Indigenous Calendar May, 2014: A Wa World within a World

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Any opinions expressed do not necessarily represent the policies of The Peoples of the World Foundation. Unless otherwise noted, the author and photographer is Dr. Ray Waddington.

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I'd entered Burma (Myanmar) for the first time early in 2005. Back then it was a very different country from the Burma that we often hear about in the news today. It was a political dictatorship and a brutal police state. Foreign visitors were welcomed by the Burmese people but were 'welcomed' by the government only because of the hard foreign currency they brought with them. They were sometimes even regarded with borderline-paranoiac suspicion by the authorities. Indeed Burma was a classic "failed nation state."

But Burma is changing rapidly. Only a year ago the European Union lifted all remaining economic and travel sanctions because of Burma's reforms over the previous three years. Yet around the same time alarming new video footage was released showing the latest in a recent series of religious- and ethnic-based tit-for-tat clashes between different sections of Burmese society. The local police watched and did nothing to stop it.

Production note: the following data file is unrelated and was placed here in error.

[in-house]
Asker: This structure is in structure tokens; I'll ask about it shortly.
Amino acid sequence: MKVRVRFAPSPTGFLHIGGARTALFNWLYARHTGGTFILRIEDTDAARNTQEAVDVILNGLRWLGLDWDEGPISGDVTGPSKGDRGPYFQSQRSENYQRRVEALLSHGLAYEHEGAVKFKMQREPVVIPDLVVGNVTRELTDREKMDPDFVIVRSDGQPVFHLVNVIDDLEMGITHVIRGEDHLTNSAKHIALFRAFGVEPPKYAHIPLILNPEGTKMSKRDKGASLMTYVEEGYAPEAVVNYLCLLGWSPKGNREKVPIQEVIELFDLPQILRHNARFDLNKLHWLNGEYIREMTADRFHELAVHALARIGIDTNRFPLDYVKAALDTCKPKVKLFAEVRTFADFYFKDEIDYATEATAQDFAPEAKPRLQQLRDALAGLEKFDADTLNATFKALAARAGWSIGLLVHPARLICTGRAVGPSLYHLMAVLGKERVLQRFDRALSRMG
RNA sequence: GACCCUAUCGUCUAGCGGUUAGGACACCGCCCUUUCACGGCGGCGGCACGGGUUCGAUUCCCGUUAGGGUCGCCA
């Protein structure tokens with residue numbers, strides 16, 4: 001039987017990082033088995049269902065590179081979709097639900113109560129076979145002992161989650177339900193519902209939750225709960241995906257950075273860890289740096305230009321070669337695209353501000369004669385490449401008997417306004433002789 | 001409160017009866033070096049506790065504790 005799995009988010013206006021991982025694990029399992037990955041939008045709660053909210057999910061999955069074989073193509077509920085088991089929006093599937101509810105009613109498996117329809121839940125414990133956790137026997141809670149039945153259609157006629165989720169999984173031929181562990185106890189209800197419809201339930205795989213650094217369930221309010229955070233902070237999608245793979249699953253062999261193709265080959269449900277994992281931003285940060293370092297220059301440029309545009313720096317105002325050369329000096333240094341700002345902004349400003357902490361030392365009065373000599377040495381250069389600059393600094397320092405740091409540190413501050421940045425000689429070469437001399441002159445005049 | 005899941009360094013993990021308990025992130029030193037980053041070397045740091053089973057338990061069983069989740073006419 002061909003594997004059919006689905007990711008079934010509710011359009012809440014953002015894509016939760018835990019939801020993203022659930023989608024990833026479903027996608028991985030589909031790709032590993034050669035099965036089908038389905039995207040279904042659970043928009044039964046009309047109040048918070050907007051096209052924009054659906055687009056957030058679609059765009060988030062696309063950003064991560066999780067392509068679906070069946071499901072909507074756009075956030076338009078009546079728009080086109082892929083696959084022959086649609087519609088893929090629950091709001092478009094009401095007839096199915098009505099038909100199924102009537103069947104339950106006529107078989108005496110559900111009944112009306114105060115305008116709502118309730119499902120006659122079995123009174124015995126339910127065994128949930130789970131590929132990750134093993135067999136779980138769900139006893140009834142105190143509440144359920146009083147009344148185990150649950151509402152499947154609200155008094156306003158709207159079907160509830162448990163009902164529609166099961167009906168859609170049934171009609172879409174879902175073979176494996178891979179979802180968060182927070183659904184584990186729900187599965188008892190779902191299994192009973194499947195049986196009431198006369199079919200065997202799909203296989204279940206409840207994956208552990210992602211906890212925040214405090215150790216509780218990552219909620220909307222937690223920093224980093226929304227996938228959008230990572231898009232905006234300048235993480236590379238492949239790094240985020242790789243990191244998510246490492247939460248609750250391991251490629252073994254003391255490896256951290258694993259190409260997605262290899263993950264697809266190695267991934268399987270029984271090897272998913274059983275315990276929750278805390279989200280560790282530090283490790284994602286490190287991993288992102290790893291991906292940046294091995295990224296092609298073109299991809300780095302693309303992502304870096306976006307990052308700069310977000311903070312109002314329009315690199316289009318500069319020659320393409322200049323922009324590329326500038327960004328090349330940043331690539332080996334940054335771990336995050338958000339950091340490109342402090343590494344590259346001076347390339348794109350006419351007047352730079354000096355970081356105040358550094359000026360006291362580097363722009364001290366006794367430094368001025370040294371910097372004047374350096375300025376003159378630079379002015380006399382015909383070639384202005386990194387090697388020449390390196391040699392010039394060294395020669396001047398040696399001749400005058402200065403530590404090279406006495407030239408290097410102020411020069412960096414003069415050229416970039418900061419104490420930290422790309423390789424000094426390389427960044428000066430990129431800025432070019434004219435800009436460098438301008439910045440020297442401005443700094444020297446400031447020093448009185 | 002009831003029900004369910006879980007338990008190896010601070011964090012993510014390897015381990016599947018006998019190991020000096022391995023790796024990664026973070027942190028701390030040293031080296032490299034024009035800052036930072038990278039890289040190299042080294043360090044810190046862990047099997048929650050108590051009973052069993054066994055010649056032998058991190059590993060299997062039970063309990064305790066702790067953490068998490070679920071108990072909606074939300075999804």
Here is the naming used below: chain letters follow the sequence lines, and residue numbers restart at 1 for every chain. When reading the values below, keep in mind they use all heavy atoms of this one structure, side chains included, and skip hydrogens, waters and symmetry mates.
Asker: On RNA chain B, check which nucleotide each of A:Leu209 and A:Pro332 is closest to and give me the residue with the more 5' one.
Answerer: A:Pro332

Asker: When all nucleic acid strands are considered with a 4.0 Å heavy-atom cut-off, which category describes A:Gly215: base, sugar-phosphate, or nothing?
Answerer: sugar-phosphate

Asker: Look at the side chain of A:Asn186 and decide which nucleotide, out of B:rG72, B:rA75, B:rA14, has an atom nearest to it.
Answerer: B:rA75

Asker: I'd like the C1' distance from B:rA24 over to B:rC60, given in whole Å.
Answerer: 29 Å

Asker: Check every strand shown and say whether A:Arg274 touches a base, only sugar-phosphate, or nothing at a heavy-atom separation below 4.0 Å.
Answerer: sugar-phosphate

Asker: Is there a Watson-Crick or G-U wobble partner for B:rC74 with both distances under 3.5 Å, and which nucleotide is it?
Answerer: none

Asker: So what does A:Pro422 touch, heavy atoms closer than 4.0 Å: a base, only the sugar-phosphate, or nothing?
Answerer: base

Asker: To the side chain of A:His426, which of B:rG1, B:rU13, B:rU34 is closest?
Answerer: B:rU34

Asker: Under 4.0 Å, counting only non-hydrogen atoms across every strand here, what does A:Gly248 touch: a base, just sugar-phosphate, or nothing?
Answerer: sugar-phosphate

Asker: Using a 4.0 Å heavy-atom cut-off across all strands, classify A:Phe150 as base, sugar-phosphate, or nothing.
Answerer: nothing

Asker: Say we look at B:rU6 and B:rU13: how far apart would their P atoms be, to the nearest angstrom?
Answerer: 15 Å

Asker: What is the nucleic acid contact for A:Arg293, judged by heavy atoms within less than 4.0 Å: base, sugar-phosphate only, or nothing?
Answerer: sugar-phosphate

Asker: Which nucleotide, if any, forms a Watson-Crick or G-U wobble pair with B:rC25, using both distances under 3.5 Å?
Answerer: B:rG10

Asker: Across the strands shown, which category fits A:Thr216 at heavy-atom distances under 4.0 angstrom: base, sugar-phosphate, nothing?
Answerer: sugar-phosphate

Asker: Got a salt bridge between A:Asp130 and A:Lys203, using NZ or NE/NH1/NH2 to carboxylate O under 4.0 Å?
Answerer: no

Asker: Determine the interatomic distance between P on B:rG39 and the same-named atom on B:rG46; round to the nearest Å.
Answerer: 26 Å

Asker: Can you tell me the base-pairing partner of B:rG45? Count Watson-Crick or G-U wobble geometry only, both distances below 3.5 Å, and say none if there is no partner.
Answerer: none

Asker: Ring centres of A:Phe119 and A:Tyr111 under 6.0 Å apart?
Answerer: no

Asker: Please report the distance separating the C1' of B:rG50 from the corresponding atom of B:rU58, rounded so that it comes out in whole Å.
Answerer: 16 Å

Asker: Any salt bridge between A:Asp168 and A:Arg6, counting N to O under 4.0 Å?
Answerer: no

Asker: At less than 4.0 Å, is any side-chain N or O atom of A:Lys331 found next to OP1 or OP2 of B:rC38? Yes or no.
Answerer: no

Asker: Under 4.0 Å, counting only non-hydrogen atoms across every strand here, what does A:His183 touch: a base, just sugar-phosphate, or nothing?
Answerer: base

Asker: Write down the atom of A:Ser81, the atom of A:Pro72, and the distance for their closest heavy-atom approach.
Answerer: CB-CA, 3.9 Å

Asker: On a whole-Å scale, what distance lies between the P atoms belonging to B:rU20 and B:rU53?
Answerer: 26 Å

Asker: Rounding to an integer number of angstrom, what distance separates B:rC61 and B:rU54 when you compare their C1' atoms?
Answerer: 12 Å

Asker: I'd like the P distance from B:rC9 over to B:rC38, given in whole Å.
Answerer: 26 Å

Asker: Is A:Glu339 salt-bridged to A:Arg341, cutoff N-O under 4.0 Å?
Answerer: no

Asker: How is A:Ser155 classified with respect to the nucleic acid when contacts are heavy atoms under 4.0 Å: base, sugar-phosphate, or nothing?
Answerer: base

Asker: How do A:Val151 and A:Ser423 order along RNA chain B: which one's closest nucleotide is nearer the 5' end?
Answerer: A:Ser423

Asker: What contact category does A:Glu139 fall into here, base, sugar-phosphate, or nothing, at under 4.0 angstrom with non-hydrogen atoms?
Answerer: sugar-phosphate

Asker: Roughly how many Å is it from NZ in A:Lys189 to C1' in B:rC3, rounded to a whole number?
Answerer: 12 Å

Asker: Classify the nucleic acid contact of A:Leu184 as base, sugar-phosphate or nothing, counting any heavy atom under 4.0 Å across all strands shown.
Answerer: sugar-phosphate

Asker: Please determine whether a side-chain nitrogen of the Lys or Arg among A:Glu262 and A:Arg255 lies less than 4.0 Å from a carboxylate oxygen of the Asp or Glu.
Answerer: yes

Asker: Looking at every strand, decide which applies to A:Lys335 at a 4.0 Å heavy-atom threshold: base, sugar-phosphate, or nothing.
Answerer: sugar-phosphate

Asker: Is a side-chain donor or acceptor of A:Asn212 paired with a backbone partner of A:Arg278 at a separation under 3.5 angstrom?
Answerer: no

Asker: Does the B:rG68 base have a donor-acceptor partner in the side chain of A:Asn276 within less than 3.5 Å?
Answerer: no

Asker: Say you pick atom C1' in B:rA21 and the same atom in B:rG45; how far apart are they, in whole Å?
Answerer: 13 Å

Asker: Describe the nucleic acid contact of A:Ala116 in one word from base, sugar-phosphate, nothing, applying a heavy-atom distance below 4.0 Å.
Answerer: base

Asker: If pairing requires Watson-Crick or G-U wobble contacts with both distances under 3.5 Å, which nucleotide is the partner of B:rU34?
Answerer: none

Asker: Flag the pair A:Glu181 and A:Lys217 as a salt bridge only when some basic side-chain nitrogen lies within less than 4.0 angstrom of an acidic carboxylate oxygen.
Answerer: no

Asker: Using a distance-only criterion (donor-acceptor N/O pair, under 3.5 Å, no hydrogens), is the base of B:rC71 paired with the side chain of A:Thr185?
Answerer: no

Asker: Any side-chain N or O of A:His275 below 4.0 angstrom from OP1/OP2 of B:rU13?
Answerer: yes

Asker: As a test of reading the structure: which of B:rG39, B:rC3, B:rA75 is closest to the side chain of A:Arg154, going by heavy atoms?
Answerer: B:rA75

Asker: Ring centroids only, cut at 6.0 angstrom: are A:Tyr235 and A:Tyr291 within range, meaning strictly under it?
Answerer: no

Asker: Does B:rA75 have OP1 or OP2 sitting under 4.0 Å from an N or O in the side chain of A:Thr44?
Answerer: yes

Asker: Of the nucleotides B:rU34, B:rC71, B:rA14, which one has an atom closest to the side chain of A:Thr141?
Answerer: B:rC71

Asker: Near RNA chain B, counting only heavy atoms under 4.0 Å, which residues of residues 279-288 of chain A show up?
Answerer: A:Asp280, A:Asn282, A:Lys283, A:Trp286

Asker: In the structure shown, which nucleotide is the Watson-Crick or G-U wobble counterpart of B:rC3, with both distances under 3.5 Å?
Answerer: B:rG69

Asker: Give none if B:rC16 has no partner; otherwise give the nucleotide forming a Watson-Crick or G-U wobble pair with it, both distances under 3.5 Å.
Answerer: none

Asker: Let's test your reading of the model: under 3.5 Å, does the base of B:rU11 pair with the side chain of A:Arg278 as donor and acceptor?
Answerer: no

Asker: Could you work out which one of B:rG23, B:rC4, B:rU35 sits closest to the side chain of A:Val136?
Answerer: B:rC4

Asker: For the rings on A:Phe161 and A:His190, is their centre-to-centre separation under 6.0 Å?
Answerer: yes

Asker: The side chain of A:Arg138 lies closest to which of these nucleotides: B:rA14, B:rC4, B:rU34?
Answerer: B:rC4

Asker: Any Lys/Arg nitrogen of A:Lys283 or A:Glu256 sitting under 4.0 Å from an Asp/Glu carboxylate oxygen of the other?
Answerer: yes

The history and culture of Burma — going far back beyond British colonial rule — is rich and fascinating. An especially interesting part of that history is the migration of indigenous peoples such as the Wa.

One of the first indigenous villages I visited in 2005 was a Wa village. Isolated and largely self-sufficient, this village could have been in a different country — almost on a different planet! There was no electricity; nobody in the village knew what the Internet was or what cell phones were. There was an historical time when "Wa State" was a "state within a state" but in 2005 this village truly was a "world within a world."

Back then, in the world I come from, the Internet and cell phones were permeating popular culture to the point of saturation. This young Wa girl was instead playing alongside a few other village children using a technology that was relatively new to them — an elastic band! They were fascinated by the trajectory they could achieve and the distance to which they could launch homemade darts as two of their peers stretched the elastic closer and closer to snapping point.

Perhaps this girl will one day write about her childhood elastic band experience on social media. Or perhaps she will be the engineer who designs Burma's first rocket launched into space.

The Wa are featured in our documentary, Indigenous Peoples of Southeast Asia.

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